Questions and answers on avian influenza
About avian influenza (bird flu)
- Q: What is avian influenza?
- A: Avian (bird) influenza (flu) is a contagious disease caused by viruses that normally infect only birds. All birds are thought to be susceptible to infection with avian influenza, though some species are more resistant to infection than others. The disease, which was first identified in Italy more than 100 years ago, occurs worldwide.
Rarely, avian influenza can infect mammals like pigs, tigers, leopards and cats. Avian influenza viruses can also rarely infect humans. Since humans do not have natural immunity against the virus, it can cause severe illnesses and death.
- Q: What is the difference between ‘avian influenza' and human influenza?
- A: Human influenza and avian influenza are both caused by influenza viruses but there are many different types of influenza viruses and some prefer to infect humans and others birds. Certain influenza viruses routinely infect humans causing seasonal outbreaks of influenza. Avian influenza viruses do not usually infect humans.
- Q: How many forms of avian influenza are there?
- A: Avian influenza infection causes a wide spectrum of symptoms in birds, ranging from mild illness to a highly contagious and rapidly fatal disease resulting in severe epidemics. The latter is known as “highly pathogenic avian influenza”. This form is characterized by sudden onset, severe illness, and rapid death, with a mortality that can approach 100%.
Influenza viruses can be classified using a system of two letters (H and N) and two numbers e.g. H5N1. Sixteen H subtypes of influenza virus are known to infect birds. To date, all outbreaks of the highly pathogenic form have been caused by influenza A viruses of subtypes H5 and H7.
- Q: How is avian influenza transmitted?
- A: The avian influenza virus is shed in the saliva, nasal secretions and droppings of infected birds. Some species of birds will appear sick when infected but other species, particularly wild waterfowl and domestic ducks, may not show any symptoms of infection but will still excrete the virus. Once excreted, the virus can survive in the environment for some time, even weeks in certain temperatures and conditions.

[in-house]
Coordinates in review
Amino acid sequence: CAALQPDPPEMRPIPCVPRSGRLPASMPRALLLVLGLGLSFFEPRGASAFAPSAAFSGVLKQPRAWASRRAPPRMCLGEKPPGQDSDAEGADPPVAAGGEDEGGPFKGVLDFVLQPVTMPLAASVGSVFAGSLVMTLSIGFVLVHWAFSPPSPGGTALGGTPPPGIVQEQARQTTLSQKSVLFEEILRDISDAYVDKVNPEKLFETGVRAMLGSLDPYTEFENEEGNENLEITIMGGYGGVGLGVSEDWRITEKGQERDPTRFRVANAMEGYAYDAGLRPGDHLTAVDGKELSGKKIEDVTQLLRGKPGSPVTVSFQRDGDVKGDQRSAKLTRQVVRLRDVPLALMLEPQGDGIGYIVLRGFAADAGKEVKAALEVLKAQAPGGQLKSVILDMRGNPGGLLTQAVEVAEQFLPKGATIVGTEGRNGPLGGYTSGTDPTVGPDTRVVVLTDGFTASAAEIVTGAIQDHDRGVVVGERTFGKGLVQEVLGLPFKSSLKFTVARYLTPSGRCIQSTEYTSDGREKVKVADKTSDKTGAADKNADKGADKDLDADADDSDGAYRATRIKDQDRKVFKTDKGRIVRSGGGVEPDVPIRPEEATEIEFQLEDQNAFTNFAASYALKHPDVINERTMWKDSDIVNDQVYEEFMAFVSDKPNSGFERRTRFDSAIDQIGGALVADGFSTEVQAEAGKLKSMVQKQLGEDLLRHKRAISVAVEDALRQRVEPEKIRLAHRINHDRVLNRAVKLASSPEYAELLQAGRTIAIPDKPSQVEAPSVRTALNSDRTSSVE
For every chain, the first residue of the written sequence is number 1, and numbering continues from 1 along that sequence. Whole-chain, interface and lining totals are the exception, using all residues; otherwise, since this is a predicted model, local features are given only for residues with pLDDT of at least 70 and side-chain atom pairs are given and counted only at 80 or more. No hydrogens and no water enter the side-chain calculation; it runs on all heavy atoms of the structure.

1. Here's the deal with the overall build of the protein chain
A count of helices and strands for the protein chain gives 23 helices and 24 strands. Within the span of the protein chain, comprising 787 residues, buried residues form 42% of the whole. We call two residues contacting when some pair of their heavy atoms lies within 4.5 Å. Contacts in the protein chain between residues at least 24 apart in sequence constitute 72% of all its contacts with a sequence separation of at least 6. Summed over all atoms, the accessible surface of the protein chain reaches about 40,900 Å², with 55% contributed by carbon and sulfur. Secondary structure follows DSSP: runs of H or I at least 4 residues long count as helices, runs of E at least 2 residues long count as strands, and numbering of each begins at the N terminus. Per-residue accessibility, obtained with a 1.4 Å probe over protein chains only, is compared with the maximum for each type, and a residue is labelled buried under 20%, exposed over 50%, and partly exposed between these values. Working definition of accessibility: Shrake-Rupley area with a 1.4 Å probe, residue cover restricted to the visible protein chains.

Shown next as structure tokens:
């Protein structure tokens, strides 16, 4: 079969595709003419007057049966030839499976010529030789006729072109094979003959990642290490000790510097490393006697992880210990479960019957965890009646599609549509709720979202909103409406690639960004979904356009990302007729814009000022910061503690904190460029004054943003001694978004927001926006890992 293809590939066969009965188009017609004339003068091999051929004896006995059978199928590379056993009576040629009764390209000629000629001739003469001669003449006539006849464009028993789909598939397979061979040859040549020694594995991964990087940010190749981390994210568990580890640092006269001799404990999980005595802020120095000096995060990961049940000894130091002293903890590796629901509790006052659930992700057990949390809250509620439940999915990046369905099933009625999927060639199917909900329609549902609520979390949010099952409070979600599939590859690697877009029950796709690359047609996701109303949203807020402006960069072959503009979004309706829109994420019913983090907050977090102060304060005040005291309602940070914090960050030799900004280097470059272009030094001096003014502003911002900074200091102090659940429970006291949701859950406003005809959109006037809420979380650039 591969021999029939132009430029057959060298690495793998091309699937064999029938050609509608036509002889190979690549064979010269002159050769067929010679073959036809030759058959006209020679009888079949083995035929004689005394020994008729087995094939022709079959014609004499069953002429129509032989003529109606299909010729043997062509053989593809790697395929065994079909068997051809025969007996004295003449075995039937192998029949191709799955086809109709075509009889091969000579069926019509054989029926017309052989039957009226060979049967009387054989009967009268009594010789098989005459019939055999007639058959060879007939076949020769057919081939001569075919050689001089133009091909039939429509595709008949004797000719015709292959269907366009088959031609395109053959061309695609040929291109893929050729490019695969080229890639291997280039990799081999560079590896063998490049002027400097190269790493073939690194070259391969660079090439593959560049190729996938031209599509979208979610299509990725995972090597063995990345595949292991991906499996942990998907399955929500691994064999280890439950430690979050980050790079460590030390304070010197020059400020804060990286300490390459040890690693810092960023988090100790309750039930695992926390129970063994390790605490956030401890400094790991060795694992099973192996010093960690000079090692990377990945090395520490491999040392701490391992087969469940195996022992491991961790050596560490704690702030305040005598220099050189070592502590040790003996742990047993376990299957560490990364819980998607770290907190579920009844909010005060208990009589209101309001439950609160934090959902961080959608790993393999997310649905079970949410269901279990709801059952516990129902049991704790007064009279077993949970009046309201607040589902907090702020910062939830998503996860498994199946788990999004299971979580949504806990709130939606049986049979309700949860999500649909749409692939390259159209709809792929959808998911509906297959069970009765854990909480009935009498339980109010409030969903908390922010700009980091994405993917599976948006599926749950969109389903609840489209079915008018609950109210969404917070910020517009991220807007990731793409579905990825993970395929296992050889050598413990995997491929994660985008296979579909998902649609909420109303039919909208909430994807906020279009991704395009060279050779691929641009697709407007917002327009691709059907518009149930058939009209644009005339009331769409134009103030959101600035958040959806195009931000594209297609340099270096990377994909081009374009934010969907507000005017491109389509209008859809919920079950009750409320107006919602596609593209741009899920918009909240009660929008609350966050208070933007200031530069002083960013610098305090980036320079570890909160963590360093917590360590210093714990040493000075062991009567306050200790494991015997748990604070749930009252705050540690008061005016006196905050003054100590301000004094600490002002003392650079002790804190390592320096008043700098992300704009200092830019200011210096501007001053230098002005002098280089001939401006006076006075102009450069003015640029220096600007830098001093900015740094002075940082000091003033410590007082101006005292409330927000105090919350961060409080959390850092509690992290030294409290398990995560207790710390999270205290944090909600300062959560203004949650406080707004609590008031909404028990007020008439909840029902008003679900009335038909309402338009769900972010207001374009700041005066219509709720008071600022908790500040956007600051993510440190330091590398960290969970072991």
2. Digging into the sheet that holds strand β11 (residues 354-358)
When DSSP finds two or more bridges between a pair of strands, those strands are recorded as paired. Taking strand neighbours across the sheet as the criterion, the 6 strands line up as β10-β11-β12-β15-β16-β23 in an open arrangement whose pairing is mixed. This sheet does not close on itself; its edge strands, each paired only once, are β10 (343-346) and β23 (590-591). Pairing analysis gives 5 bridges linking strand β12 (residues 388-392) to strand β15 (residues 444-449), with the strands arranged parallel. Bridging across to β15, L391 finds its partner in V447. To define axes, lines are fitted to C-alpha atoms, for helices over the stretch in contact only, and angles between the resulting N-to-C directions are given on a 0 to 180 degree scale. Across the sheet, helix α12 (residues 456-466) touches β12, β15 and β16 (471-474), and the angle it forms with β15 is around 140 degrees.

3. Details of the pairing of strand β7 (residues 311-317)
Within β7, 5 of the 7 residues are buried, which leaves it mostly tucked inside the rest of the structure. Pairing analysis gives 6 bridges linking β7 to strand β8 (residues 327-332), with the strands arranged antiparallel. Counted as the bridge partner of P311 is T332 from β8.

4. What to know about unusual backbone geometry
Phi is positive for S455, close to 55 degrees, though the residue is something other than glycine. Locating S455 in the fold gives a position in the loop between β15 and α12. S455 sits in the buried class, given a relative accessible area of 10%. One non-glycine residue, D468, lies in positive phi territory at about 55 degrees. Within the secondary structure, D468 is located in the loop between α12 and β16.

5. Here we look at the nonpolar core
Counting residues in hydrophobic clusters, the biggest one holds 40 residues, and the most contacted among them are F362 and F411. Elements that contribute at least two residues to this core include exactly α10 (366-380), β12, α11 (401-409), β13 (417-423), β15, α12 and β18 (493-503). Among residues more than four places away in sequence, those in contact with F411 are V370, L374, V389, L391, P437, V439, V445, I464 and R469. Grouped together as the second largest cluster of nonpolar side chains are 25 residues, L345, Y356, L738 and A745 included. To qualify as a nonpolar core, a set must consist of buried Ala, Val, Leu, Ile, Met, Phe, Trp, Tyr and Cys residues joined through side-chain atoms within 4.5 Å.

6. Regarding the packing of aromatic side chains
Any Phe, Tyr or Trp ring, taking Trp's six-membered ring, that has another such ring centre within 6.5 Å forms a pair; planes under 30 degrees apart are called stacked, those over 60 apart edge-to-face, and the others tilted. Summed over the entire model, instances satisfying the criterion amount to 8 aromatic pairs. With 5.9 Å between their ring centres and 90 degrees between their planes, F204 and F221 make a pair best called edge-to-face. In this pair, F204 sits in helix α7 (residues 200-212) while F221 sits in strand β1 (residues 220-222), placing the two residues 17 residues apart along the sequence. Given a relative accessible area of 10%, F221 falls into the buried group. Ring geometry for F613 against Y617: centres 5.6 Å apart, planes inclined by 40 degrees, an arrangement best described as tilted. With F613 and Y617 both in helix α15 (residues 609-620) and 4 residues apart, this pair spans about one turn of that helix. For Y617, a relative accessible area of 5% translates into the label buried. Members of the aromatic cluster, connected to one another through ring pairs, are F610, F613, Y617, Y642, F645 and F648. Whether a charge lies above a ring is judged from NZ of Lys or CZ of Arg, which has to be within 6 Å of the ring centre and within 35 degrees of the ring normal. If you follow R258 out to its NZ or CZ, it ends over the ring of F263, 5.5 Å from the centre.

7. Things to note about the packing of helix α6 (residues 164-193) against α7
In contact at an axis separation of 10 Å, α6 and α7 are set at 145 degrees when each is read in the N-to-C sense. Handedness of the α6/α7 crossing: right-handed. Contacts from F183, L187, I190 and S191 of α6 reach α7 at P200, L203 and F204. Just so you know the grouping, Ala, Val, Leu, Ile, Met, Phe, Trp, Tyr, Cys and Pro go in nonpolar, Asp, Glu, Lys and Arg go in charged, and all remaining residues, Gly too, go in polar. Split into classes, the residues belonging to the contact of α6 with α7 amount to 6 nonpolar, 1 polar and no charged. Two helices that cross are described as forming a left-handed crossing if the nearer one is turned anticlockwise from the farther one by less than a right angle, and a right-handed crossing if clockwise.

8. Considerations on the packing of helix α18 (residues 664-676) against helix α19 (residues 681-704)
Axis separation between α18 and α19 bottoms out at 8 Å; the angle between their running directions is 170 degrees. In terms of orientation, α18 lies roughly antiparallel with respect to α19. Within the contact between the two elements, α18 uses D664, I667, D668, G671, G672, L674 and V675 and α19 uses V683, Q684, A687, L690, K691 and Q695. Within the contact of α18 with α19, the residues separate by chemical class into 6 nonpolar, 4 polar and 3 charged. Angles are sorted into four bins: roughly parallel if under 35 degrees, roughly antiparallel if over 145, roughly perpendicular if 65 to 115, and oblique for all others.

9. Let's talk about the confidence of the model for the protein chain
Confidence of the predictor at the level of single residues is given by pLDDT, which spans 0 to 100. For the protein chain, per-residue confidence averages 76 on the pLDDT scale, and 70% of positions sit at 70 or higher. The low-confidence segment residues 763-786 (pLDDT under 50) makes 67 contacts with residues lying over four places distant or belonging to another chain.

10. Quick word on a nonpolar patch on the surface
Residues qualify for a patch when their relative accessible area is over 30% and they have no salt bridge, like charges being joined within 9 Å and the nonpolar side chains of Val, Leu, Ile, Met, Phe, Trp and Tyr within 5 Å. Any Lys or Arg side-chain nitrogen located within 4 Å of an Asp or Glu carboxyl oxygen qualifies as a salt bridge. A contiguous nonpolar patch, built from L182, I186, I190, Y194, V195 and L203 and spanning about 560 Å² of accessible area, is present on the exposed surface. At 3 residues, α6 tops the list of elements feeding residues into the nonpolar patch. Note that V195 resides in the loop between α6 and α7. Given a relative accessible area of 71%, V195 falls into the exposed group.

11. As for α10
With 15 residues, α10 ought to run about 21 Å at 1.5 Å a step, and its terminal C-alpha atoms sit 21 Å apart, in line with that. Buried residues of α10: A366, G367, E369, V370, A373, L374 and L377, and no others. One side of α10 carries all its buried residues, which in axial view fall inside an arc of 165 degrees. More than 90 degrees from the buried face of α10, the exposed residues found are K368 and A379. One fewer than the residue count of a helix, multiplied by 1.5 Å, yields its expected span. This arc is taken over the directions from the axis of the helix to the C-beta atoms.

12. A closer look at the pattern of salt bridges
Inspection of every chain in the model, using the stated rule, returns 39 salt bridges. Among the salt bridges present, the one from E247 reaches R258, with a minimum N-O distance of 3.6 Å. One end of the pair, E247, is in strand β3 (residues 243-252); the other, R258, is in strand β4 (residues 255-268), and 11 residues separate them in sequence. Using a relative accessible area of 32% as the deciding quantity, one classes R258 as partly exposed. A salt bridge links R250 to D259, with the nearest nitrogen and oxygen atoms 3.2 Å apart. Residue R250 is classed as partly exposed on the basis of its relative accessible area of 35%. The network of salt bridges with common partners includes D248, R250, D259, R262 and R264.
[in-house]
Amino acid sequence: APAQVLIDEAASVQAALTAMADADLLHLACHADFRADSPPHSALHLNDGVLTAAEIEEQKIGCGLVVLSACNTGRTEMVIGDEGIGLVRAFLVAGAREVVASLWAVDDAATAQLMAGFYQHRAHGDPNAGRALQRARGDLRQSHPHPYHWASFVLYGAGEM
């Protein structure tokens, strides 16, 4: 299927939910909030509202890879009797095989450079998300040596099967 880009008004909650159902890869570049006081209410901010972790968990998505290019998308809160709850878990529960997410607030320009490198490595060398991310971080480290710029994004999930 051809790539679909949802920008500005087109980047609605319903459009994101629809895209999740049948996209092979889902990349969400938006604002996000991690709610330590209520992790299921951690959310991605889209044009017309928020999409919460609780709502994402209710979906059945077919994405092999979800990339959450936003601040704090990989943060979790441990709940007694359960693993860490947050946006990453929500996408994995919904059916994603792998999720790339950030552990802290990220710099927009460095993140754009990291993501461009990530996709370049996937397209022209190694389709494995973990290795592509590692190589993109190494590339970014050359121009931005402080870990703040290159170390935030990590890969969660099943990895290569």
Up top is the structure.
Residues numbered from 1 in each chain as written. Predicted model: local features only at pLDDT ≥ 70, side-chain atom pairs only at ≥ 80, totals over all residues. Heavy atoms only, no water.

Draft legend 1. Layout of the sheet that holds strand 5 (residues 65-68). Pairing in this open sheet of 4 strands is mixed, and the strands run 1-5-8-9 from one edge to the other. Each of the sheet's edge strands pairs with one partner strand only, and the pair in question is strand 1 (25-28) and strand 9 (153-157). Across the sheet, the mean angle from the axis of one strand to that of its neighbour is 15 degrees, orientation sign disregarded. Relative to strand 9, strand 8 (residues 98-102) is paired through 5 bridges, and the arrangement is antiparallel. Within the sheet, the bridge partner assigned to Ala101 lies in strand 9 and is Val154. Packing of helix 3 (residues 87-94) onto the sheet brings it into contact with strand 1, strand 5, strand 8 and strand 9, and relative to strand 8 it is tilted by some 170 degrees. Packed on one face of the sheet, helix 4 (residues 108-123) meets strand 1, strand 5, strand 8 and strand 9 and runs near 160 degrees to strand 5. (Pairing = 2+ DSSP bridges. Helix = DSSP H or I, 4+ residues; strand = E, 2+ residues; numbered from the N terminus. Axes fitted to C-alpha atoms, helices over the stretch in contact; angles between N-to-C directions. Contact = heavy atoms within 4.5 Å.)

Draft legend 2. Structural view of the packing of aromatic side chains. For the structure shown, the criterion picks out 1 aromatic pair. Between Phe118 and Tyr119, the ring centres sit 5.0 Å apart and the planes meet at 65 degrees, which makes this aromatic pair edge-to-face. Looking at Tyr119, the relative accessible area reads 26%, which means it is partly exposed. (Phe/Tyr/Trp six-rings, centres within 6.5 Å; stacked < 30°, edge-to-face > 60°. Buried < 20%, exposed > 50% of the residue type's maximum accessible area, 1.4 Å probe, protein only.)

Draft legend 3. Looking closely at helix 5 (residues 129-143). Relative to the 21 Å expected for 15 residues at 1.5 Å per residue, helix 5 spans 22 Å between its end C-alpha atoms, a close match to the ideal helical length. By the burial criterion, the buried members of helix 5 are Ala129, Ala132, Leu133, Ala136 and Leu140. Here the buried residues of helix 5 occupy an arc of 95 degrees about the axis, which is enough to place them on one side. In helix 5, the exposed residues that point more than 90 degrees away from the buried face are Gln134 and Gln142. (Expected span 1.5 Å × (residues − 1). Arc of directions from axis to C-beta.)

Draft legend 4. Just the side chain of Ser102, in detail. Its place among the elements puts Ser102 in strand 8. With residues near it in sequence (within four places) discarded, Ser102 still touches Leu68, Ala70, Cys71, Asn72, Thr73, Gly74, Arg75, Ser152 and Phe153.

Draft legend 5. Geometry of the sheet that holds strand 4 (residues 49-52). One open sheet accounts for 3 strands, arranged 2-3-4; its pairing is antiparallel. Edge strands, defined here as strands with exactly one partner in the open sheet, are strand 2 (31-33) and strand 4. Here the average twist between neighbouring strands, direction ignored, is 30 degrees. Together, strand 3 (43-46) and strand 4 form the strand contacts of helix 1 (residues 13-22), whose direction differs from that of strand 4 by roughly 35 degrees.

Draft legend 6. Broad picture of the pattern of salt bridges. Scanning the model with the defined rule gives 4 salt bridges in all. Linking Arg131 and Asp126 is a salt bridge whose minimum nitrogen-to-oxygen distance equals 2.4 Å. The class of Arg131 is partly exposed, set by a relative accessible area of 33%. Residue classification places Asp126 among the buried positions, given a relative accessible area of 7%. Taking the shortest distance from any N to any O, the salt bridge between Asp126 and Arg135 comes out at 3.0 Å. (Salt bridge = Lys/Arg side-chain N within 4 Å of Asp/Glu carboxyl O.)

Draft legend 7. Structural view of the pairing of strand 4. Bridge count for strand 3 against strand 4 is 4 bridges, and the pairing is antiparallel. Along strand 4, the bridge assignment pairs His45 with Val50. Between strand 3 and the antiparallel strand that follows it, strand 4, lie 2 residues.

- Q: What is H5N1 avian influenza?
- A: H5N1 is one particular form of avian influenza that is of major concern at the moment because, since December 2004, it has caused more than 100 human cases and killed millions of birds throughout the world. Occasionally other animals, like tigers and civet cats, have also been infected and died.
The relationship to human health
- Q: How can humans be infected with avian influenza?
- A: It is believed that most avian influenza infection in humans have been caused through close contact with infected poultry or their excretions.
There is currently no evidence of efficient or easy transmission of avian influenza from person to person but intimate physical contact with a person infected with avian influenza may be a risk. There have been a small number of events where limited human-to-human transmission of avian influenza may have occurred through very close contact.
- Q: Who is at risk of avian influenza?
- A: Any person who is exposed to live or dead chickens infected with the virus or their environment is at risk of getting avian influenza. This includes farmers, butchers, people who sell live birds or poultry, people who sell raw poultry meat in the market, people who prepare food from poultry products, children who play in areas where poultry is raised in free range and people who come into very close contact with those who are infected with avian influenza.
- Q: What are the symptoms of avian influenza in humans?
- A: The symptoms of avian influenza in humans range from flu like symptoms like cough, sore throat, high fever, muscle aches, to eye infections, pneumonia, severe respiratory distress and other severe and life threatening complications.
The symptoms of illness probably develop 3-7 days after contracting infection with the virus. In some patients diarrhea or neurological symptoms may be seen.
- Q: Should people cook and eat chickens which have died in their backyard farms?
- A: People should NEVER eat poultry meat or other products like eggs from poultry which have died from an illness or are sick. The concerned authorities should immediately be informed about the unusual deaths of the poultry. The carcasses of these poultry should be appropriately disposed, in order to make sure that they do not cause further infection.
- Q: Should people continue to eat poultry and their products during the avian influenza outbreak?
- A: There is no scientific evidence that bird flu is food borne. Proper cooking will destroy the avian influenza virus. Provided it is properly cooked and prepared in a hygienic way, poultry products are safe to eat.
The consumption of raw poultry or eggs should be avoided, because apart from the uncertain risk of avian influenza, it could also lead to other food borne infections.
Food hygiene, which includes thorough and frequent washing of hands as well as prevention of cross contamination throughout the poultry handling and cooking process, can reduce the risk of infection.
- Q: Is there any medicine or vaccine that can prevent humans from avian influenza?
- A: Three antiviral drug are licensed in some countries for the prevention of influenza:
Oseltamivir, marketed as Tamiflu®; Amantadine; Rimantadine
Analysis of the viruses isolated from fatal human cases in Vietnam indicates that current H5N1 viruses are resistant to amantadine and rimantidine. The current H5N1 viruses do however appear to be sensitive to oseltamivir.
A vaccine for humans against avian influenza H5N1 is being developed but is still in the experimental stage.